When people talk about 'solar' they mean using the sun's energy to do things we need or want. This involves a range of tasks, including cooking, water heating, building heating and power generation. Solar is renewable - we don't use up the sun by utilising it's energy.
On this page we'll discuss solar power.
Solar power differs from conventional power generation in that:
Solar works by converting energy from the sun, in the form of light, into electricity. There are various ways to do this:
These are often referred to as solar converters.
Most systems can be setup to track the sun. This maximises efficiency and often means you need less of the expensive energy converters (ie Solar cells or Stirling engines).
Photovoltaic Cells (more commonly known as Solar Cells / Panels):
Solar cells are made up of semiconductors. Solar cells work via what is known as the photoelectric effect. In this light hits a conductor or semiconductor and transfers it's energy to that conductor. Light is actually a stream of energy particles called photons. When the photons hit the silicon atoms in the solar cells they transfer their energy and free the electrons from their orbit around the nucleus. Electricity has been generated. Photovoltaic cells are energy converters - converting the energy from sunlight into electricity.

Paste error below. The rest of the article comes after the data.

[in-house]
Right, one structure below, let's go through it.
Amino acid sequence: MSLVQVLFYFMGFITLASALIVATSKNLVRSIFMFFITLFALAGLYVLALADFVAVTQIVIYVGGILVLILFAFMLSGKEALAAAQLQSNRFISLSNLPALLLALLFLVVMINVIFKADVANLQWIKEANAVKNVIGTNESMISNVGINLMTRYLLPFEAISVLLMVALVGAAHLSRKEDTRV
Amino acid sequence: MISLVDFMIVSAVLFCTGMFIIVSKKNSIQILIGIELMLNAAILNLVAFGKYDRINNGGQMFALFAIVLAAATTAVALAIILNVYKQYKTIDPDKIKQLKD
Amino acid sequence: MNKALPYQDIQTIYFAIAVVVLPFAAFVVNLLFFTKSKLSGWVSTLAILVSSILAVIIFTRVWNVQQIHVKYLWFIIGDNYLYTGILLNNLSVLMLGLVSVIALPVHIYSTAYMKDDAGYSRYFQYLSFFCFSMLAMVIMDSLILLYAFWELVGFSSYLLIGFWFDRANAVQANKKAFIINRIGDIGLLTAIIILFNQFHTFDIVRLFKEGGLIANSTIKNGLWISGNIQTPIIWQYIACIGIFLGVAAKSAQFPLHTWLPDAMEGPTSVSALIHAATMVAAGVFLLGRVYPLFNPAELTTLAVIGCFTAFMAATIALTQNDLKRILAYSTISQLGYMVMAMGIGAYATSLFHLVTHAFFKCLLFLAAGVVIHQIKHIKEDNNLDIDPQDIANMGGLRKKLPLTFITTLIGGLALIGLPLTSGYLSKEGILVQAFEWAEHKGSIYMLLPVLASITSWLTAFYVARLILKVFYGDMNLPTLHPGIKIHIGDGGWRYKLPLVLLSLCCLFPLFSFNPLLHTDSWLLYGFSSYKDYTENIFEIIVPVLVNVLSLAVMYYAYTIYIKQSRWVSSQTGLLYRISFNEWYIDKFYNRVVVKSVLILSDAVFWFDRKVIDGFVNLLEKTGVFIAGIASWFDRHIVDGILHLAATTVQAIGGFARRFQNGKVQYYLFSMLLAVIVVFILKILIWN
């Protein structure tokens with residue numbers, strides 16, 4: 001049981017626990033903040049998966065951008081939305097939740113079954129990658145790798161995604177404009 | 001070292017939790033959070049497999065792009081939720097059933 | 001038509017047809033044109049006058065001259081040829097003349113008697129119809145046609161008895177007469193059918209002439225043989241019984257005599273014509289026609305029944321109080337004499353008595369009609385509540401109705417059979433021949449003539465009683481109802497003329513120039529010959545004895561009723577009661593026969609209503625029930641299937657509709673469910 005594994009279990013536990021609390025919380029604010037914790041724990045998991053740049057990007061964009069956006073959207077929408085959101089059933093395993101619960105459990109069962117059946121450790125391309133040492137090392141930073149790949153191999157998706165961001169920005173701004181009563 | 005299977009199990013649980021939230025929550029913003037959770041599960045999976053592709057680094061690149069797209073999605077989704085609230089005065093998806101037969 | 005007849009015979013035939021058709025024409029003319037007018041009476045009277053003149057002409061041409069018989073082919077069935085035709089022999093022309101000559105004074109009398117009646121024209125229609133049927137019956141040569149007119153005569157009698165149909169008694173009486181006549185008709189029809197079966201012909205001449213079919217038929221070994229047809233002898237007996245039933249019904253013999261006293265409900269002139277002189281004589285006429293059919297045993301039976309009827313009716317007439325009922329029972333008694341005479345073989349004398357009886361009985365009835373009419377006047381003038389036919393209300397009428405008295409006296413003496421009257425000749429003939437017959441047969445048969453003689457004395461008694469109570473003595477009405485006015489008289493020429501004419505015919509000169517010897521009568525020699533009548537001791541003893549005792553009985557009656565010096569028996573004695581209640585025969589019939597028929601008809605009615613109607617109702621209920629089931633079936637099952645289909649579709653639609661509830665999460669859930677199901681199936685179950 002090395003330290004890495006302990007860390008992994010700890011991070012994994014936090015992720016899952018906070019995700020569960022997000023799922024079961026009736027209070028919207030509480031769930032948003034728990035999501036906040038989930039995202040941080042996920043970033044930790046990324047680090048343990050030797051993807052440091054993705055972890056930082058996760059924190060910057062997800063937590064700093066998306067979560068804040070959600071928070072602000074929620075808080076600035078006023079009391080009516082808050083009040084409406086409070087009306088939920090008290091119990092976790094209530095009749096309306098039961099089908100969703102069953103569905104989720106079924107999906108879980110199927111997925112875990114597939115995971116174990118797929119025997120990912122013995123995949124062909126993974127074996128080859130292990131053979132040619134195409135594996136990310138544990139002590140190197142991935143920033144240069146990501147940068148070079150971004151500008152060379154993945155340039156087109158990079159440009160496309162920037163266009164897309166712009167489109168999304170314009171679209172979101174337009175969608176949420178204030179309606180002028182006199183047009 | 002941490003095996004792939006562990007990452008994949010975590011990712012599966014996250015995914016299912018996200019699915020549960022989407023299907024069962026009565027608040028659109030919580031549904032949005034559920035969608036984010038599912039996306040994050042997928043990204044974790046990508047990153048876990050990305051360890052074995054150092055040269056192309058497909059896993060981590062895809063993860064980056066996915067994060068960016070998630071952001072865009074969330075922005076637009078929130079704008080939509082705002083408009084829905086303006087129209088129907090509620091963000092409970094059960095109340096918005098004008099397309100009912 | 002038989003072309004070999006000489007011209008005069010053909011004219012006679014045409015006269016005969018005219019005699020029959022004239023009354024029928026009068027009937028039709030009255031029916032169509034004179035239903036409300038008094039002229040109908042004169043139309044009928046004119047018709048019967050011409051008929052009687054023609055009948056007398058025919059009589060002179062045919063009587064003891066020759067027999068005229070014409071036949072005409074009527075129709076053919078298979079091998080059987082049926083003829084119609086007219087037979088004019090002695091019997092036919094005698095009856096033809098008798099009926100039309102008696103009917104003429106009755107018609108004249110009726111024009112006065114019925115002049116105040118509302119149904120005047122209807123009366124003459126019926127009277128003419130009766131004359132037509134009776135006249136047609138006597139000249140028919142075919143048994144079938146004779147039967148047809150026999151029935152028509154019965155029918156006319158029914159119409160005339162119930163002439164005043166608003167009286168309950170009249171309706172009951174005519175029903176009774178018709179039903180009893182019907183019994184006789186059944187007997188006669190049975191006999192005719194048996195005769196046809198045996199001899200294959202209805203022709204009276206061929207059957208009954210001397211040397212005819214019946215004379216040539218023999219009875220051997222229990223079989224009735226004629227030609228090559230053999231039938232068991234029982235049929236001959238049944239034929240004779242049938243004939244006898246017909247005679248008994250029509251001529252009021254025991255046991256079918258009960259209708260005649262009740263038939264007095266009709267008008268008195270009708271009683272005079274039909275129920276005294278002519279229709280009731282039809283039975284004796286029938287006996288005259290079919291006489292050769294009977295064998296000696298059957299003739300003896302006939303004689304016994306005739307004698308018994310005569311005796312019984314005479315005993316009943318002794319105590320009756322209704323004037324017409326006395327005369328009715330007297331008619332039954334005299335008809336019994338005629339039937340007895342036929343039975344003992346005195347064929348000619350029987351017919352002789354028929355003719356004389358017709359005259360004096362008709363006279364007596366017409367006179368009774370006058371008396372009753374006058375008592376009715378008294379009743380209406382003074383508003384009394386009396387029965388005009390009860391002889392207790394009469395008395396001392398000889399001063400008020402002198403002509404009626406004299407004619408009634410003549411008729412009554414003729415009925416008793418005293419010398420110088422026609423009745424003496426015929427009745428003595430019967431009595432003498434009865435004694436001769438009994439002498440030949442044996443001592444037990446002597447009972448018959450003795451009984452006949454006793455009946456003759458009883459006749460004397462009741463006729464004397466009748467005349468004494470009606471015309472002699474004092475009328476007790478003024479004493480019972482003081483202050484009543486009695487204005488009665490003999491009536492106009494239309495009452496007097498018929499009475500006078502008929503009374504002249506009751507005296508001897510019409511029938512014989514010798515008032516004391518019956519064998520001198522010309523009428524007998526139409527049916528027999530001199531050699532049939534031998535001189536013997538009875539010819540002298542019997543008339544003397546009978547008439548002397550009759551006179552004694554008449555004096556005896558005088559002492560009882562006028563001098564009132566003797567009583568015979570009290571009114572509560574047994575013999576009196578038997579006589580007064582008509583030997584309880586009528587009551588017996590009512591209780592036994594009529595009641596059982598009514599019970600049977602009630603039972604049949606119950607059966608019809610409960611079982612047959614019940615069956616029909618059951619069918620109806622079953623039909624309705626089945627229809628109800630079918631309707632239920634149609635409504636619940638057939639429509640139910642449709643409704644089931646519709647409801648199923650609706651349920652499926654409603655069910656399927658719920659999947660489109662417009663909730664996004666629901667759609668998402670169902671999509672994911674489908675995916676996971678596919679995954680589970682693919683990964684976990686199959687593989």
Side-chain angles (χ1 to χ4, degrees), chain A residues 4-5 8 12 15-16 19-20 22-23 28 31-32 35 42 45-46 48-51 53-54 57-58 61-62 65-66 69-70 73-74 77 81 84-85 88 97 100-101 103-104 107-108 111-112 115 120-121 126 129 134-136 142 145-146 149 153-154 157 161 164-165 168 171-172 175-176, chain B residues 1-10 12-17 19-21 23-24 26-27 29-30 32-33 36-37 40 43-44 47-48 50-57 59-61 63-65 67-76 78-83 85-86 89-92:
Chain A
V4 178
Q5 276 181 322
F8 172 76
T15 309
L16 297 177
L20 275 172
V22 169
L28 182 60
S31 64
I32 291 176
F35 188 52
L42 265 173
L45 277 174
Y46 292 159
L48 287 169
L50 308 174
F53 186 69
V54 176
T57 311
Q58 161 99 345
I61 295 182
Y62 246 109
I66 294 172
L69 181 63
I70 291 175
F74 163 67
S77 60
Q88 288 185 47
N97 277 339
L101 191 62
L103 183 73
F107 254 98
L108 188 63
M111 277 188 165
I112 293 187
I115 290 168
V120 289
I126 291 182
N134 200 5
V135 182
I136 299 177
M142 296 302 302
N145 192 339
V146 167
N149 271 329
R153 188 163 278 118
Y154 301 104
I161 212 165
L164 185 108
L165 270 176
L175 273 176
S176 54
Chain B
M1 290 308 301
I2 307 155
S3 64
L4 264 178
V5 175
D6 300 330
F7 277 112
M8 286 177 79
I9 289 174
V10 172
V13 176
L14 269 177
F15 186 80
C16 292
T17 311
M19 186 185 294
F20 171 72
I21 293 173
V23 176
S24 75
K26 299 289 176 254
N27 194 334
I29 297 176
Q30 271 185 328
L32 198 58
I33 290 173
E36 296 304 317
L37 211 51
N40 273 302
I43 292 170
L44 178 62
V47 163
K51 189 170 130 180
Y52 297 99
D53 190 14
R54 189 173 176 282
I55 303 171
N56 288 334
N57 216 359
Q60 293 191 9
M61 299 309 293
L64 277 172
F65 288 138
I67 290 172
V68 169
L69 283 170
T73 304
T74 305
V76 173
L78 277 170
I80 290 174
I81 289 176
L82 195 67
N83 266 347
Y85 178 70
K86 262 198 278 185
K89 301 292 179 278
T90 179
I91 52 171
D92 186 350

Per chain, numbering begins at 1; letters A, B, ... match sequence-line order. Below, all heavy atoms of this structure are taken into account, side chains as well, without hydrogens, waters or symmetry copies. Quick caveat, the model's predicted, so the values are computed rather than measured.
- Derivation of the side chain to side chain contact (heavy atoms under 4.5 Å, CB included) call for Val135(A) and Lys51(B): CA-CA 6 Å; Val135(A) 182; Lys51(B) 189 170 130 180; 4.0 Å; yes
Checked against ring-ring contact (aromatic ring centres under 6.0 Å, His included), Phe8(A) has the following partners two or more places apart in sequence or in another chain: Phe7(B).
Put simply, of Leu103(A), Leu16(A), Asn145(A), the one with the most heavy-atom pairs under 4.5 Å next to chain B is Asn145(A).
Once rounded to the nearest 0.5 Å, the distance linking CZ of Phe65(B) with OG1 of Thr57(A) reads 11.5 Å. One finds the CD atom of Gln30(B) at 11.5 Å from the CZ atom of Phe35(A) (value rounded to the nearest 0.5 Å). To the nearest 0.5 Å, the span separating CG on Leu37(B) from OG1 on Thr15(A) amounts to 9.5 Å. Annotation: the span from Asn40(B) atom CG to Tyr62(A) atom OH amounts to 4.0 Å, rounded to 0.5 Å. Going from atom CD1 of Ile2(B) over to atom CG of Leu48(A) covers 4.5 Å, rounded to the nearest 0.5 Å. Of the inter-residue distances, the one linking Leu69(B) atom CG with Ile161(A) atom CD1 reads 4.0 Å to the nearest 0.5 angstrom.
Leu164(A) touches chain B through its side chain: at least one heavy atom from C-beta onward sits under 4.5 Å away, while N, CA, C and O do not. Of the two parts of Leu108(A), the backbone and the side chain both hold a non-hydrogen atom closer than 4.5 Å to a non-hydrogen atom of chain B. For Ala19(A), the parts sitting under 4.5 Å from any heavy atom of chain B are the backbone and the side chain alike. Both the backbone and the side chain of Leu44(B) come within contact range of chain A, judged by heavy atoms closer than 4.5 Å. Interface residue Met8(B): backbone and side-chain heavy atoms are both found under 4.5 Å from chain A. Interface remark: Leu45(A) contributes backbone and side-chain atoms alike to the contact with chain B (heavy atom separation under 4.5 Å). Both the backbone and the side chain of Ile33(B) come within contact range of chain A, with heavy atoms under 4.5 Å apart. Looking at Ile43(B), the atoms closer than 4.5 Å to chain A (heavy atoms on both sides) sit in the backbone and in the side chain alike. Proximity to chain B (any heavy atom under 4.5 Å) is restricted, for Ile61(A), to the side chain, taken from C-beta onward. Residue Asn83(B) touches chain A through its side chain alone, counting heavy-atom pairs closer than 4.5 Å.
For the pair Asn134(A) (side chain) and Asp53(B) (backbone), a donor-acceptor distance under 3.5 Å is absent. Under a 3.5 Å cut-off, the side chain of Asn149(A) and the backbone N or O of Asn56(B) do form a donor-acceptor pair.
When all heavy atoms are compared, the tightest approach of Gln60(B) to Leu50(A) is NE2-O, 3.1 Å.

Concentrators such as Fresnel lenses, mirrors, and mirrored dishes can be used to concentrate the sunlight on a small area of photovoltaic cells. This can substantially lower the cost, as the most expensive component in solar panels is the photovoltaic cells. Usually these devices are set up to track the sun to maximise efficiency.
Solar panels usually contain multiple solar cells encased in a durable casing. Glass is used to cover and protect the solar cells and a antireflective coating is used to minimise light 'lost'.
Solar Panels produce DC power, usually at 12V or 24V.
Usually involves mirrors or reflective surfaces to concentrate the sun's energy on a fluid reservoir. The fluid heats up and boils and the steam is used to turn a turbine, generating electricity. This is much the same as more conventional power generation (see Electricity Basics) except it doesn't require burning of raw materials.
Depending on turbine, can produce either DC or AC.
Usually involves concentrating using mirrors or reflective surfaces. These concentrate the light on the 'converter'. The converter is made up of the heat engine and the generator it runs. The most common engine used is a Stirling Engine. In Stirling engines, gas is enclosed in a sealed compartment - when heated, it moves, pushing a piston. This piston is used to power a generator. As the gas leaves the heat source it cools, and eventually returns to go through the cycle again. Stirling engines are very quiet, as no explosions are taking place.
Depending on generator, can produce either DC or AC